One impact was having to close some swimming pools, such as at Caledonia State Park, because of a lack of life guards. “It’s getting harder and harder to hire life guards,” he said about applicants needing to commit to the certifications.
The park service is now providing certification programs for people to become lifeguards. They are also looking at recruiting more rangers and maintenance staff.
For people interested in filling a seasonal or permanent position, visit the commonwealth’s website, employment.pa.gov and search for DCNR.
There are four alpine downhill ski areas in the park system. Laurel Mountain, Blue Knob and Big Pocono all have partnering businesses that have the facilities open to the public. Skiing at Denton Hill in Potter County has been closed for seven years because of a lack of a public/private partnership.
“Down hill ski operations are certainly one part of our winter recreational menu, but not the only part because we have Nordic ski opportunities, we have cross country ski opportunities, snow shoeing, snowmobiling all those winter recreation, high demand recreation when conditions exist,” Hallas said.
In winter sports like downhill skiing, he said, “weather is a critical element in how well they are doing.” They at least need cold temperatures to be able to make additional snow over what Mother Nature provides. “It gets more challenging each and every year for our operators with climate change being a driver in that.”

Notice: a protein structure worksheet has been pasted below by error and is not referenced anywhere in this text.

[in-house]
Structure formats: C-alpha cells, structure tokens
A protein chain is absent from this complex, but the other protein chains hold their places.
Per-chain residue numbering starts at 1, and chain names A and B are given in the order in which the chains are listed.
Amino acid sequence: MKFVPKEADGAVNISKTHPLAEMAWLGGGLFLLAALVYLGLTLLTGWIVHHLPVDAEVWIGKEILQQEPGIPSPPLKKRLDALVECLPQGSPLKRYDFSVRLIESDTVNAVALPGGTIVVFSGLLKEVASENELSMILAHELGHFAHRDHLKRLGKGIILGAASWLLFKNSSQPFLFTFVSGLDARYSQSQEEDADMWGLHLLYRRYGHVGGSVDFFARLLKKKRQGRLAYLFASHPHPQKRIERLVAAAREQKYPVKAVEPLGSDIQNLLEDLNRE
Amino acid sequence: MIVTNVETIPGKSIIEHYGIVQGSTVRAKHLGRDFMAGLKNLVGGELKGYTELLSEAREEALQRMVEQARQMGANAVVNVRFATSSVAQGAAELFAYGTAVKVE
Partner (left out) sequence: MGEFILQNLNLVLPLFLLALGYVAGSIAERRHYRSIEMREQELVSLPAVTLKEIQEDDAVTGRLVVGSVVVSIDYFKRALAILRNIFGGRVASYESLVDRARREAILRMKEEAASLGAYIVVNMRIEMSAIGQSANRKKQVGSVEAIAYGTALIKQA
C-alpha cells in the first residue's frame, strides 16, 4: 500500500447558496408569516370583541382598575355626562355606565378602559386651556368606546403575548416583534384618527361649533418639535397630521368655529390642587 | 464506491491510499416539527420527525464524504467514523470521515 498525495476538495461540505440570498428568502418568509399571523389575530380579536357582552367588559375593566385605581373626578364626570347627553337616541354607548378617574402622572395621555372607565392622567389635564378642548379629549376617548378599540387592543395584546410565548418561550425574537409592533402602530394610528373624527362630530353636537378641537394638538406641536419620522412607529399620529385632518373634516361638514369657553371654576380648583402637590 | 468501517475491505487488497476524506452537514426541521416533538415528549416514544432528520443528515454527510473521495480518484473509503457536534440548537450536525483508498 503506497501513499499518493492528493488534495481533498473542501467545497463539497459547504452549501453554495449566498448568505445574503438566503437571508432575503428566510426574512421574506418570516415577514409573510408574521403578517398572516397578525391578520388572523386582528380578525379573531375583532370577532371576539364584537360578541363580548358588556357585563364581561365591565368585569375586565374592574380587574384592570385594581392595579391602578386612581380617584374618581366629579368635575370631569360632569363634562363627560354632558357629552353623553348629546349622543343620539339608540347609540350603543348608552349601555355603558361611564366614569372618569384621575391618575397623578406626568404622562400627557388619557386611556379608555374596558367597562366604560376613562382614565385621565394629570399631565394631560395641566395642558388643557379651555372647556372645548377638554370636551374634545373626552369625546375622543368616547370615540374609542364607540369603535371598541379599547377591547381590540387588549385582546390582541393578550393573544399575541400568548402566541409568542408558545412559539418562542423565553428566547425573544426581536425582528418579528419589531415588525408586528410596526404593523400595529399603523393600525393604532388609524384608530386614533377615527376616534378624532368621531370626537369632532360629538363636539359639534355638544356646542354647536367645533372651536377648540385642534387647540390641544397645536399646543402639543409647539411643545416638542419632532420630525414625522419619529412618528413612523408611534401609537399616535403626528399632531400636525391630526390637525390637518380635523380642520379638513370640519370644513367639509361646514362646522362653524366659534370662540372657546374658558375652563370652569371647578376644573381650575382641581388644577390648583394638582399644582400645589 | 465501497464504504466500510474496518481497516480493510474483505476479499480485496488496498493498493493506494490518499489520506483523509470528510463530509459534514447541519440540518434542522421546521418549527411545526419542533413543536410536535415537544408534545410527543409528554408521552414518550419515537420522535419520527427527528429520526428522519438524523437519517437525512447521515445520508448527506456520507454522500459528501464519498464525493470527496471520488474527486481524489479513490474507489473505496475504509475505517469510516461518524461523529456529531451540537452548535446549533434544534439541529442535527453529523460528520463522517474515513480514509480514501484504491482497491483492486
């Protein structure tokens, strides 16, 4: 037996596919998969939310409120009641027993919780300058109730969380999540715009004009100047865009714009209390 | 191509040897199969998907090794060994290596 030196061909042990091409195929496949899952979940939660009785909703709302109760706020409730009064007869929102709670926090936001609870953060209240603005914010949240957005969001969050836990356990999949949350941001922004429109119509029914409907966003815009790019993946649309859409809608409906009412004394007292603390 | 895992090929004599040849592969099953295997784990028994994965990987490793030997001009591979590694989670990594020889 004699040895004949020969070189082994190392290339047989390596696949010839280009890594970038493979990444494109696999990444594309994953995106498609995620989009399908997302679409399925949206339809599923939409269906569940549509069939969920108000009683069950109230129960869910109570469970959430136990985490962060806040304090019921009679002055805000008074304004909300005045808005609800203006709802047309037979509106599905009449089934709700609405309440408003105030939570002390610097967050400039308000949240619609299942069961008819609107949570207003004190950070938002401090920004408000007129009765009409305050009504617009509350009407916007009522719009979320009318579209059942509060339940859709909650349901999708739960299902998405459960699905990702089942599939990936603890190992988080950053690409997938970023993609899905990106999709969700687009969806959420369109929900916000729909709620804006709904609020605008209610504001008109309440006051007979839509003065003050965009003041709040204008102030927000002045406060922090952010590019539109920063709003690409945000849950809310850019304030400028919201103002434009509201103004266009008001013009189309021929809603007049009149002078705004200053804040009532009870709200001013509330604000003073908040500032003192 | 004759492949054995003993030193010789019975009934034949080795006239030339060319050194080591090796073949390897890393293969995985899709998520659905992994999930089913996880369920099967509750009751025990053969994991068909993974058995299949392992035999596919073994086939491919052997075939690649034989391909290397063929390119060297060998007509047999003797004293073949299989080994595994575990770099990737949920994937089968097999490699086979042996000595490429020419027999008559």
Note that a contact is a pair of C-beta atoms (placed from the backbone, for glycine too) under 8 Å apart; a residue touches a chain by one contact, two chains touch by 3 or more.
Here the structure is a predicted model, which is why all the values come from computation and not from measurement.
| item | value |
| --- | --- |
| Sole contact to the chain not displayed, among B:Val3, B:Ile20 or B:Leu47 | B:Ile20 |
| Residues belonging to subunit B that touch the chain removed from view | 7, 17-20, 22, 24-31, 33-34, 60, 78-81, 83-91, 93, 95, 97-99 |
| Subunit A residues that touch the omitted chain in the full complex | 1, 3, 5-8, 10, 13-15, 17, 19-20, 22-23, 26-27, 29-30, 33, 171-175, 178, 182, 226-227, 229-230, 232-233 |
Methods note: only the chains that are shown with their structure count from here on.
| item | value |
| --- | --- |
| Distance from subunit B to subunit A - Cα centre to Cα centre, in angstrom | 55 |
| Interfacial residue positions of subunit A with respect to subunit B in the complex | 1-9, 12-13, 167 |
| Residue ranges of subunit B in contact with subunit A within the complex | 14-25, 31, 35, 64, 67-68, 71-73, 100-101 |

“December was a terrible month,” he said about warm weather for skiing, but the weather for snowmaking improved in January.
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Places that have cross country ski areas, like Laurel Ridge, haven’t been having sustained snow packs. “We want sustained cold temps and we want good snow cover,” he said about winter recreation. “We expect it, we need it and we enjoy it when it arrives.”
State parks have a direct impact on the economies where they are located. “We’ve had robust economic impact studies over the years,” he said.
“For every dollar invested in state parks returns $13 approximately to the Pennsylvania economy across the board,” he said about the study’s findings. Each park has its own economic impact study that contributes to that number. “State parks are economic engines,” he said about helping rural areas as well as larger communities such as Point State Park in Pittsburgh and Presque Isle State Park in Erie.
In the 1960s, he said there was a goal to try to have a park within 25 miles of every Pennsylvanian. “We have this amazing system of parks that are distributed across the commonwealth and in nearly every county.”
Because of those natural resources, people will travel. “They will come great distances,” he said about the impact to the communities and businesses near state parks.
Brian Whipkey is the outdoors columnist for USA TODAY Network sites in Pennsylvania. Contact him at firstname.lastname@example.org and sign up for our weekly Go Outdoors PA newsletter email on your website's homepage under your login name. Follow him on social media @whipkeyoutdoors.
This article originally appeared on Erie Times-News: Pennsylvania's 121 state parks have facility upgrades to implement